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Adora Svitak is a 12 year old child prodigy who has been blogging and writing since the age of 7. She also travels around the United States speaking with adults and children advocating literacy. Recently she was asked to speak for Ted about her “childish” views. Adora believes that the adult world needs to act more childish with  bold ideas, wild creativity and especially optimism. She claimed that adults are so hampered down with restrictions were no longer aim for wild goals. As adults we have focused so much on what failed in history that we assume these tried utopias are not longer possible. For example as kids we dreamed of everything being free and available for everyone, we now know that would not work.  We know that if everything were free our resources would be quickly depleted and our work force would be crushed. However, does that mean we should stop dreaming for the utopia? 

I really enjoyed this TED video despite the fact that the girl had an obnoxious voice (sorry). There is a lot of truth, though, in this video. As I am getting ready to enter the real world the vanishing of my childhood become more and more apparent. I’ve noticed that lately I have been saying “I can’t” way more than I used to and I am starting to develop a more pessimistic attitude. Before the world was full of possibilities and now I feel like doors are closing rapidly around me. But Adora makes a good point, are these doors actually closing or did I just stop dreaming big enough? So I would have to follow Adora Svitak and say to all the adults out there think creatively and dream bigger; it can’t hurt.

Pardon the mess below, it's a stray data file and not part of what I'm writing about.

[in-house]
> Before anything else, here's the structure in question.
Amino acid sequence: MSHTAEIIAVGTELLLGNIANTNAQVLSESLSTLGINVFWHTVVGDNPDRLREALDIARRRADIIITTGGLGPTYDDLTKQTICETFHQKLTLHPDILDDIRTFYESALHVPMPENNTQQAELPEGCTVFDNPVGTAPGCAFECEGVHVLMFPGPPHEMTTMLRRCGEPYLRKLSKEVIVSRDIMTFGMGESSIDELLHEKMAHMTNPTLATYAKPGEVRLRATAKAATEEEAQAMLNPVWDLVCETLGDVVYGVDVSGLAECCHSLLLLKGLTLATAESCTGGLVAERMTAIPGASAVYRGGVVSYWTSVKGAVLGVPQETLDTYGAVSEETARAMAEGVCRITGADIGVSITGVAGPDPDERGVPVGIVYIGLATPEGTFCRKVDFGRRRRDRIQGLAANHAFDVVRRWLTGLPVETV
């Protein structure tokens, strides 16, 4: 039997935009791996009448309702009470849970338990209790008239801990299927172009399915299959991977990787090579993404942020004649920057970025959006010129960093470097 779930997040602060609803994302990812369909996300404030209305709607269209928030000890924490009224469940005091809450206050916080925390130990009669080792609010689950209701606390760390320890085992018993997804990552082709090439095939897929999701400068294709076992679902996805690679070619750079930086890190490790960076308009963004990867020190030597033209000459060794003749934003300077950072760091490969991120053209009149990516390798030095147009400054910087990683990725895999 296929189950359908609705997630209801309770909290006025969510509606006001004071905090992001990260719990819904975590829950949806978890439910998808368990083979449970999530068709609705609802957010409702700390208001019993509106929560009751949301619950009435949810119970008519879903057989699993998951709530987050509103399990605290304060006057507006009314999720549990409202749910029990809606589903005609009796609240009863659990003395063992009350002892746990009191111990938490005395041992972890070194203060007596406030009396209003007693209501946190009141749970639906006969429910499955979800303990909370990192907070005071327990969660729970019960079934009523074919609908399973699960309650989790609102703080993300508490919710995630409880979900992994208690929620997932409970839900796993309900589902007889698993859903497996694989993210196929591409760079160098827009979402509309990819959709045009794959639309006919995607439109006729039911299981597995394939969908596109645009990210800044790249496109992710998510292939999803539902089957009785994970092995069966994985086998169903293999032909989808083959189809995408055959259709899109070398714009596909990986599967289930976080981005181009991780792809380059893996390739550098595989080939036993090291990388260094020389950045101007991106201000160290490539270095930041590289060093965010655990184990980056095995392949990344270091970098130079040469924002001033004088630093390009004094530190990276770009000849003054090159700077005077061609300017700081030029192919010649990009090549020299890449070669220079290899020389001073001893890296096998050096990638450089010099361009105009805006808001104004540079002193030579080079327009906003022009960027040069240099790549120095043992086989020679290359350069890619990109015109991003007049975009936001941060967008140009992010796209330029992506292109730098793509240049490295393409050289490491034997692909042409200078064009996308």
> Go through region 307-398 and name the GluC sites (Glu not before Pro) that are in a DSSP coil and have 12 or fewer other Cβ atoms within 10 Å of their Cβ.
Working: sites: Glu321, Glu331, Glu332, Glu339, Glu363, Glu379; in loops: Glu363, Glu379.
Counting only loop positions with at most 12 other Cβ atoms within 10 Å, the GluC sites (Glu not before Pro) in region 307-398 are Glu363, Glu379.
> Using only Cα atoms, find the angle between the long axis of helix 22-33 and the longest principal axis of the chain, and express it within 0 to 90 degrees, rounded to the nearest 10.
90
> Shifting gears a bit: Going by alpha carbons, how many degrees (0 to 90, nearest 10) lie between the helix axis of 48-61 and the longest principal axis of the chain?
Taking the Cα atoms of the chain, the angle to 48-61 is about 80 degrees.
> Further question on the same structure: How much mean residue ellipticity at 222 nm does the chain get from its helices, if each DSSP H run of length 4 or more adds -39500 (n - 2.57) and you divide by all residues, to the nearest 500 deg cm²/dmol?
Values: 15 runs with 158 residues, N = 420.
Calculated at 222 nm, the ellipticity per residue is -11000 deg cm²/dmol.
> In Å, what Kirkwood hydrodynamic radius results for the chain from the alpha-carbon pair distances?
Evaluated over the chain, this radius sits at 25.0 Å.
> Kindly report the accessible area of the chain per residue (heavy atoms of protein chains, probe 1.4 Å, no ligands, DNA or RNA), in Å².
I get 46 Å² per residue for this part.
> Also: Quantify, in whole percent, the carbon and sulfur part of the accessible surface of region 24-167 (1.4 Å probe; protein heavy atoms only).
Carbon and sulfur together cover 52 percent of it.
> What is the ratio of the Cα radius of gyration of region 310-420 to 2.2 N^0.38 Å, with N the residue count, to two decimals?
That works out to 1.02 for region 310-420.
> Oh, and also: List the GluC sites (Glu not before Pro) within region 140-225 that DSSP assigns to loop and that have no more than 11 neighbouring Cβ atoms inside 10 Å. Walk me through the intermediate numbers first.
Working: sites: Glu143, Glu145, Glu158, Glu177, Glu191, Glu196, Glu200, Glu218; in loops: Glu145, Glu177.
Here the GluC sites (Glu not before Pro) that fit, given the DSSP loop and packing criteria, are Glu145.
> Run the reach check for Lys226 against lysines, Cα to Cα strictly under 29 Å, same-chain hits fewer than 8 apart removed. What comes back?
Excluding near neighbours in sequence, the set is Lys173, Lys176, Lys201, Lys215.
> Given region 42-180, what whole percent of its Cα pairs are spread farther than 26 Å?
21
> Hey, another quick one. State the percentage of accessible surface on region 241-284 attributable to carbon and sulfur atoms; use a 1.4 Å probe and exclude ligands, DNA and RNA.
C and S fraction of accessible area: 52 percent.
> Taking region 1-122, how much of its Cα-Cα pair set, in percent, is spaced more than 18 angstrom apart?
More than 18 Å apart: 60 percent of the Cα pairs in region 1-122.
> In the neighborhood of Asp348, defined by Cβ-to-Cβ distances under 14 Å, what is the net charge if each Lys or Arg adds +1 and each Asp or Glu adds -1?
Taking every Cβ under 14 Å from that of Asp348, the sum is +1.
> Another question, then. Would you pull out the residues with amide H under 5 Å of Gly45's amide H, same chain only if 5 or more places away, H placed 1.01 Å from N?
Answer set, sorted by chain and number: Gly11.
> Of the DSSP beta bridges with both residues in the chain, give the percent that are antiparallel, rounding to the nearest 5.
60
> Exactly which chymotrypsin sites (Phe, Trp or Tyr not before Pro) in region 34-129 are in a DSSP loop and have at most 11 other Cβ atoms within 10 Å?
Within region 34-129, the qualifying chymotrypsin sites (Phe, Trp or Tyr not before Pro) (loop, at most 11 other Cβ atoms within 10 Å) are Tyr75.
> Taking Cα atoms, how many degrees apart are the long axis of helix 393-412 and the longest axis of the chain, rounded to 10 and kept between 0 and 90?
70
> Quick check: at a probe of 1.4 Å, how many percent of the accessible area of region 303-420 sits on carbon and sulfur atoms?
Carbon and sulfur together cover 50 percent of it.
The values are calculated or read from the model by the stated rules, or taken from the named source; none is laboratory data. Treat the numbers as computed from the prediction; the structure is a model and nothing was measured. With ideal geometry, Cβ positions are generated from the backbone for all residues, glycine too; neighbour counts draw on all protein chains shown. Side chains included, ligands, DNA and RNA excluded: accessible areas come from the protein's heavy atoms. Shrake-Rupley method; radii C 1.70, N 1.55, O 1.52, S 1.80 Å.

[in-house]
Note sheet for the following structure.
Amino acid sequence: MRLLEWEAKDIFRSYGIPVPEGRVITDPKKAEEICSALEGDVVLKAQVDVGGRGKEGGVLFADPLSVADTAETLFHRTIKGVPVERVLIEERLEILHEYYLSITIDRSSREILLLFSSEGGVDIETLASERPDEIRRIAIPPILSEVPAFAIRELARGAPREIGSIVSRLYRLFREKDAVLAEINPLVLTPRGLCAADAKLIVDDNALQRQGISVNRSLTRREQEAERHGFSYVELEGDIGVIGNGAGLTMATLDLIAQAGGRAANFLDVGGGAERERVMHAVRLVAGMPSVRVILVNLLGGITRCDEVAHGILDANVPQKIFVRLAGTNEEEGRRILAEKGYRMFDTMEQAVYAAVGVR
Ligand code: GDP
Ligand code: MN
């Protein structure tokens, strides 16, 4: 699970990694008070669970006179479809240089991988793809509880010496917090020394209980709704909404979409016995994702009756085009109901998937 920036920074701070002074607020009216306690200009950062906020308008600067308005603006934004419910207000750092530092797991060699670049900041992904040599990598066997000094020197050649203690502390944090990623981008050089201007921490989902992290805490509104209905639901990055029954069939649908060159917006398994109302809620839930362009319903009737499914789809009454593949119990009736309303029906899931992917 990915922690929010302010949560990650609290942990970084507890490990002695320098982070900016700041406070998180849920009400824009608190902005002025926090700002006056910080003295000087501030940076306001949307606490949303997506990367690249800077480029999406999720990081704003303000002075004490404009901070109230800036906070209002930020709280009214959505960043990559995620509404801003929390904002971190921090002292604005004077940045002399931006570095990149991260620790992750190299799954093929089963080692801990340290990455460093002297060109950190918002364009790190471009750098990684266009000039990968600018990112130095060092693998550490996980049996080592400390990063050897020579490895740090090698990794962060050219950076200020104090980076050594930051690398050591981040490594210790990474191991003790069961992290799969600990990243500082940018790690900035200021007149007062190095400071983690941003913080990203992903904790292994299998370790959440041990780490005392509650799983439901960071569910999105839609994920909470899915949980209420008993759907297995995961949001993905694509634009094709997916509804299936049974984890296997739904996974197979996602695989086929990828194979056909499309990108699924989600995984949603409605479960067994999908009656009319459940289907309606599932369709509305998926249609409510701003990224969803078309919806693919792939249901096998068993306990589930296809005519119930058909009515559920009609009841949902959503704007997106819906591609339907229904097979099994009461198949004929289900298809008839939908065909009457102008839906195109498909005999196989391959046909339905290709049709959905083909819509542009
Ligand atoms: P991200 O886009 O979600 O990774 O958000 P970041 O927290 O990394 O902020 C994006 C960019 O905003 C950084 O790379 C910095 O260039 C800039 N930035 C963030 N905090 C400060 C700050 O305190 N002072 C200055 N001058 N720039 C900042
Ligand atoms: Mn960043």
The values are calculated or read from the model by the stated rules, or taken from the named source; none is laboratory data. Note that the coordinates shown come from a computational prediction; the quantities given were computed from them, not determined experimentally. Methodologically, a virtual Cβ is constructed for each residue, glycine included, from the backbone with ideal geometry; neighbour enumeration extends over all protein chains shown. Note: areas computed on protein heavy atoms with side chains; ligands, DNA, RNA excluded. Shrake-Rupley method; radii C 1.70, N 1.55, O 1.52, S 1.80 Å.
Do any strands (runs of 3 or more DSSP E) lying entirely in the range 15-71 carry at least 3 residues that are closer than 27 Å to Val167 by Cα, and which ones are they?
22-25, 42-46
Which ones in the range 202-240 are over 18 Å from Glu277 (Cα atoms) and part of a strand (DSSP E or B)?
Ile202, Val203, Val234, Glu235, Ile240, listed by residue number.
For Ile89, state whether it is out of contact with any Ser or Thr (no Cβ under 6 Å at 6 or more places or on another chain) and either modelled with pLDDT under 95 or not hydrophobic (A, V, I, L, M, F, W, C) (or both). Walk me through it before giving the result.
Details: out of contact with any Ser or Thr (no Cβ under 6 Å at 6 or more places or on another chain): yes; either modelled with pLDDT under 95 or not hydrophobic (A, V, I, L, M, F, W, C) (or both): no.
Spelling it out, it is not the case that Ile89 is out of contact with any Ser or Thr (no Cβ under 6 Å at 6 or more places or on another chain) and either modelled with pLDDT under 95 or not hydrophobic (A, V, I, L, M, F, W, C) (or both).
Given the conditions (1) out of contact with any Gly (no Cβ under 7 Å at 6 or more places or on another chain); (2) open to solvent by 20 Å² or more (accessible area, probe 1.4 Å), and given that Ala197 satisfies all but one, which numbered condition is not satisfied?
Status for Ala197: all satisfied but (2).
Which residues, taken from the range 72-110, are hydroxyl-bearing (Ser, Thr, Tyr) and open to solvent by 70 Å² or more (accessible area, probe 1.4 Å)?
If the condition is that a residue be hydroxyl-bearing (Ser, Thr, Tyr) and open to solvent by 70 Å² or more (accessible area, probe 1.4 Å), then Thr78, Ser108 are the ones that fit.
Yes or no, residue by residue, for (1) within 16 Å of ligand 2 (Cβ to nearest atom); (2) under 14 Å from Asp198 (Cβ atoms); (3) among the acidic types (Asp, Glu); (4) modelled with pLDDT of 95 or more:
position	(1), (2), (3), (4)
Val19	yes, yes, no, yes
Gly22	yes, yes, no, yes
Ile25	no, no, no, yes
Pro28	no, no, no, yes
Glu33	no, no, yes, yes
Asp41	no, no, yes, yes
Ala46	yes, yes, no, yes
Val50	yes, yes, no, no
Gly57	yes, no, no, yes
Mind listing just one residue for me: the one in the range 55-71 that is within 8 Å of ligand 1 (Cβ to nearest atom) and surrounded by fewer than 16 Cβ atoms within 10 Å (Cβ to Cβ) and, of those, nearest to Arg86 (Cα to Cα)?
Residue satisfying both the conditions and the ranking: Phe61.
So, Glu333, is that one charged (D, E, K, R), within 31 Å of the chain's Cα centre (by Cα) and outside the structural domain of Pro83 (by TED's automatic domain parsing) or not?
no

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One response »

  1. scoutberger says:

    I think that the little girl makes a very valid point. Sometimes I feel like our lives are a series of events that are set for us since birth. You have your childhood, then you hit your teens where you try to be “cool,” you go to school, then college, then get a job. Throughout this entire process you are supposed to grow up and be more mature. While this is totally understandable, some of the most wonderful parts of our childhoods are the obscure and imaginative moments we have had. I remember when I was 12 my friend Petie and I thought of a way for trains to run along the tracks without them having to hit the ground. The train would almost be in the air. Fast forward 10 years later and there are trains that have been engineered to travel without touching the tracks. Children have the ability to think outside of the box in a way that adults cannot. Adults are trained to be less imaginative…not that that is necessarily a bad thing. Adults have to grow up to be able to function and strive in the working world. However, some of the most brilliant inventions are ones that are totally out of the norm. Children are able to think this way and I believe it would be very valuable for adults to learn a little bit from children and go back to their childhoods

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